Edmund Alexander Parkes (29 December 1819 - 15 March 1876) was an English physician, known as a hygienist, particularly in the military context.
Edmund Parkes was born in Oxfordshire and became a pupil at Christ's Hospital. When he left school he studied medicine at University College London, qualifying, bemedalled, in 1841. The following year he joined the army as a lowly Assistant Surgeon with the 84th (York and Lancaster) Regiment and was posted with them first to Madras and later to Moulmein, Burma.
While there he experienced epidemics of cholera and dysentery and his researches provided material for publications which appeared after his return to England and his resignation from the army. He took up practice in London's medical 'golden mile', Upper Seymour Street and later Harley Street. He also held the chair in Clinical Medicine at University College London and was well-known for his inspiring teaching.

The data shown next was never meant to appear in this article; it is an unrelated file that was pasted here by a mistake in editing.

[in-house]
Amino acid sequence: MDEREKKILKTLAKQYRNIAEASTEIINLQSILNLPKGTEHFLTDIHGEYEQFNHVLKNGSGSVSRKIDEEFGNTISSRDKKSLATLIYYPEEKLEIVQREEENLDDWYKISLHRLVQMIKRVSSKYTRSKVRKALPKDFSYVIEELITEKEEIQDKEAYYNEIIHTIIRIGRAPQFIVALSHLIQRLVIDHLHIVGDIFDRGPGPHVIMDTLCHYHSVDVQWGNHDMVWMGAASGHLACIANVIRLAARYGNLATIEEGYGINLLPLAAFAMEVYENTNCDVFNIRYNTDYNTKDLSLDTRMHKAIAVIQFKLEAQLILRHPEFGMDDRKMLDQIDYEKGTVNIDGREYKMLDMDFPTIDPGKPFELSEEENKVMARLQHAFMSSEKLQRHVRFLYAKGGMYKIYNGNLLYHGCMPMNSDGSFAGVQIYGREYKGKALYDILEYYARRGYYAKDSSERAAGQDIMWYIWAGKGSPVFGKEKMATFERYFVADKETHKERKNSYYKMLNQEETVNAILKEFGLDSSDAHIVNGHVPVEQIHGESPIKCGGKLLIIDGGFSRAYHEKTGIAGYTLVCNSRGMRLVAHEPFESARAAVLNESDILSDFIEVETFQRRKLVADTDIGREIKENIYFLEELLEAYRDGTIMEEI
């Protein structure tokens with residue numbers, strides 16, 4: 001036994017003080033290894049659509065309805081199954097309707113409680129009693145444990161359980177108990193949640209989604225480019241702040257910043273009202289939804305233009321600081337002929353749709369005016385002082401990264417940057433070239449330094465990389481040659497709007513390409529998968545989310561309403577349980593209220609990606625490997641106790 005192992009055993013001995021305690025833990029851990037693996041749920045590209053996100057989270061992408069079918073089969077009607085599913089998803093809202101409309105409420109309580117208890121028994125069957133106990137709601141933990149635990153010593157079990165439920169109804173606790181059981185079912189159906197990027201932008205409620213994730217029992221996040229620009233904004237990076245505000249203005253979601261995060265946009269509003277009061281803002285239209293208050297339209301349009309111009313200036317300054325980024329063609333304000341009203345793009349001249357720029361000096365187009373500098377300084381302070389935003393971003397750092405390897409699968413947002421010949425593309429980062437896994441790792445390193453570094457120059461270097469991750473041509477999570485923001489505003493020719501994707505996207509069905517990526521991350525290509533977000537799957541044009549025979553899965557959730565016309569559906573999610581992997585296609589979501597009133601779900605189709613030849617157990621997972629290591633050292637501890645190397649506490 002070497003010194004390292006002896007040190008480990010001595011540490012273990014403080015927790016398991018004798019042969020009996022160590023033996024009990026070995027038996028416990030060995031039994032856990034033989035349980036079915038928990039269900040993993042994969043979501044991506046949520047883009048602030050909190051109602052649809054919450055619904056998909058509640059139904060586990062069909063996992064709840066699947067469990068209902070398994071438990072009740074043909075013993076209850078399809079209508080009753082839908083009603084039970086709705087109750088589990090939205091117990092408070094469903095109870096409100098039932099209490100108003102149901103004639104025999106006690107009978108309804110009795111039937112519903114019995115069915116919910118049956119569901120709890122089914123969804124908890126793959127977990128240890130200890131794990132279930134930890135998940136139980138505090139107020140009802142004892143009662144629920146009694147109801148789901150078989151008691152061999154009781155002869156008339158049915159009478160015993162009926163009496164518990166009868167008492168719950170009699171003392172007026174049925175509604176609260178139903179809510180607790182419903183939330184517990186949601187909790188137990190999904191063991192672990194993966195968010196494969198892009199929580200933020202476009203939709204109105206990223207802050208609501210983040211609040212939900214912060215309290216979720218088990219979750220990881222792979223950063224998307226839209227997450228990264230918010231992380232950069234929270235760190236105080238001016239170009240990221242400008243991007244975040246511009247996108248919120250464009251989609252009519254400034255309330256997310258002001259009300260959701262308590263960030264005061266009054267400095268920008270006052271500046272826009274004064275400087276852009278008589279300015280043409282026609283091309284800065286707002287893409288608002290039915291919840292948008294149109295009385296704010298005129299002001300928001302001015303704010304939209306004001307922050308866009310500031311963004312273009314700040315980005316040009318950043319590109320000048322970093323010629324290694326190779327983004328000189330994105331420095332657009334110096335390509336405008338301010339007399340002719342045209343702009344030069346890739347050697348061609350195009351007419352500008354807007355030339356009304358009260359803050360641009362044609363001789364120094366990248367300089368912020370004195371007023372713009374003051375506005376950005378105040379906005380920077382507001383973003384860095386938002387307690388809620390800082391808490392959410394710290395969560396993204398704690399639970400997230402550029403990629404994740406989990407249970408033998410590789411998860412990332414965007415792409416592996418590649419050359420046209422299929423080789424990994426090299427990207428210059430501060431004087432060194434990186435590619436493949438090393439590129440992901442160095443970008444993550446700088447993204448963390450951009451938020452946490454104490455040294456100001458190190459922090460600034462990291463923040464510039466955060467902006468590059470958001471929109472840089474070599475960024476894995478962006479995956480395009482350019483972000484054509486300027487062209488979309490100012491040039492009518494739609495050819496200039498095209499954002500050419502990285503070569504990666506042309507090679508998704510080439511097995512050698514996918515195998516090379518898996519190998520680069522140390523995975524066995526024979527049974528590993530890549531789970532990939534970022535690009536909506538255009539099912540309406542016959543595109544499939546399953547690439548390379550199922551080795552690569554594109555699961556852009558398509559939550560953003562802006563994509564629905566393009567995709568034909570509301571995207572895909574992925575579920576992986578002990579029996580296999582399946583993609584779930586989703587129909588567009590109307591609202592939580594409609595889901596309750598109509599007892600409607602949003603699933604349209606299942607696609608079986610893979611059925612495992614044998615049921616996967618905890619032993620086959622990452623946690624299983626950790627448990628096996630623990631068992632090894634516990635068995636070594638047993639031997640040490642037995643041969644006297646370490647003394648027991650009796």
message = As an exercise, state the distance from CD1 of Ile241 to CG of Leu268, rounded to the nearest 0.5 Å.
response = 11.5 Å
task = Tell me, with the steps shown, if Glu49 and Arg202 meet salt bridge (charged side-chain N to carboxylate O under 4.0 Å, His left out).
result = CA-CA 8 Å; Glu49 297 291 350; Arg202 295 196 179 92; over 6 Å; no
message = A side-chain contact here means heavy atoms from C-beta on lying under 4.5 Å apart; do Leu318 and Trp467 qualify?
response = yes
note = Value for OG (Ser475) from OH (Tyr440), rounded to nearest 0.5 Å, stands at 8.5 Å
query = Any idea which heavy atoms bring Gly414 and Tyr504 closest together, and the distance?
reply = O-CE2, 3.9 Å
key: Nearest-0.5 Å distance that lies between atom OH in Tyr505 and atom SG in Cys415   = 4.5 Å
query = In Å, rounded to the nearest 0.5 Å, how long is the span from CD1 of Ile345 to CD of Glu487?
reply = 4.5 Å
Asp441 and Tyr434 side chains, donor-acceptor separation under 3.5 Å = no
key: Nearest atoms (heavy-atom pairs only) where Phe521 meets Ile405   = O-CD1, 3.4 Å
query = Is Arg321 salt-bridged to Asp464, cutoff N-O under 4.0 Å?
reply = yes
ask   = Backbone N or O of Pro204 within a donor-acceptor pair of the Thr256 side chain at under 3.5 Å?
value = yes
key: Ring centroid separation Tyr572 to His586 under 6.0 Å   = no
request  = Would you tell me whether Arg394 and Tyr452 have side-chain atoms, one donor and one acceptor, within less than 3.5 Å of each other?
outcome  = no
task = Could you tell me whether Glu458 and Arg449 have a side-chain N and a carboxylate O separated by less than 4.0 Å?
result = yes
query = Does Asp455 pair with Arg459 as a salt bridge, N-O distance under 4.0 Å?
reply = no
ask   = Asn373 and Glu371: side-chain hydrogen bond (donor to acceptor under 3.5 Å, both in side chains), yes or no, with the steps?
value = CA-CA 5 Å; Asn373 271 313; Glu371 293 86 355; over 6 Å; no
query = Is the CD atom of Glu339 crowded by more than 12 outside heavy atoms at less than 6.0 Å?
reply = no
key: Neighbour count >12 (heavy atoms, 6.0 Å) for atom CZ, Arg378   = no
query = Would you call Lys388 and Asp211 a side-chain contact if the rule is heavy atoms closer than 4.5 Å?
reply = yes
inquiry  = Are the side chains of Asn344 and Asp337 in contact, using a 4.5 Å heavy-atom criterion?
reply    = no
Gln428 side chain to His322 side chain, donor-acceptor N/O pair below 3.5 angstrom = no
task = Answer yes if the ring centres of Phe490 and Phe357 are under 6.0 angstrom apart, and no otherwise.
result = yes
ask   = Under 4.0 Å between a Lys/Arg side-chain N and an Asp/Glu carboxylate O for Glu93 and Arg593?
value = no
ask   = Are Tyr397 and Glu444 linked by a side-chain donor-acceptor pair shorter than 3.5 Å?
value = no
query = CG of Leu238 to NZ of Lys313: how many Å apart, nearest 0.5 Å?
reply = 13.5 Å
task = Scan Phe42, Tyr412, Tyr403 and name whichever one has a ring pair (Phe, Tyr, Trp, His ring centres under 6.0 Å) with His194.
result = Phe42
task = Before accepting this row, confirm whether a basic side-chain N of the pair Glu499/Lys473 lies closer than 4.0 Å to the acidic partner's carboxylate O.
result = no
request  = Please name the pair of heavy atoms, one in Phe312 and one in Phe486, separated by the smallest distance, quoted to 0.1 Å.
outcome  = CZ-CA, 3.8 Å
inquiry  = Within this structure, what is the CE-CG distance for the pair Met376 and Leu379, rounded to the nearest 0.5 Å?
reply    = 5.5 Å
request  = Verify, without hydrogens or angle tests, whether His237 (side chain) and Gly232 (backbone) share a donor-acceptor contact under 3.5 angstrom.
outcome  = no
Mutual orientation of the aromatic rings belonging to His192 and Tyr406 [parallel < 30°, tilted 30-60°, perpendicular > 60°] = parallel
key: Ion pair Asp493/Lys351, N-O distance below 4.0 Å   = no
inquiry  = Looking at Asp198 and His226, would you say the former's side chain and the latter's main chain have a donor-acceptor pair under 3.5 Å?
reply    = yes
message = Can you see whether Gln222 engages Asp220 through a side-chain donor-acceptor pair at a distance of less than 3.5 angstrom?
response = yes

When the incompetence of the medical services in the Crimea became common knowledge, Parkes was appointed to organize and take charge of a temporary hospital at Renkioi in Asia Minor to relieve pressure on the hospitals in Scutari. As a result of the glaring faults of organization in the Army Medical Department, which were revealed during the Crimean War, a Royal Commission was set up to investigate the sanitary condition of the army. Unusually action was taken on its report and the first Army Medical School was set up at Fort Pitt in Kent after Parkes' advice had been sought and taken. Not only did he advise on its organization but, on its formation in 1860, he was invited to become the first Professor of Military Hygiene. Parkes gladly accepted because he was eager to leave London as it suited neither himself nor his delicate wife.
Three years after its inception the Army Medical School moved to the Royal Victoria Hospital at Netley near Southampton Water where, in 1863, Parkes produced his Manual of Practical Hygiene which was to run to four editions within nine years. In 1861 Parkes was elected to the Royal Society and two years later was appointed to the General Medical Council, but he refused honours offered by the Crown. He died from tuberculosis in 1876. The Parkes Memorial Gold Medal, which was awarded to Ronald Ross (q.v.) nearly twenty years later, commemorated him and there is still a Parkes Professor at the Royal Army Medical College.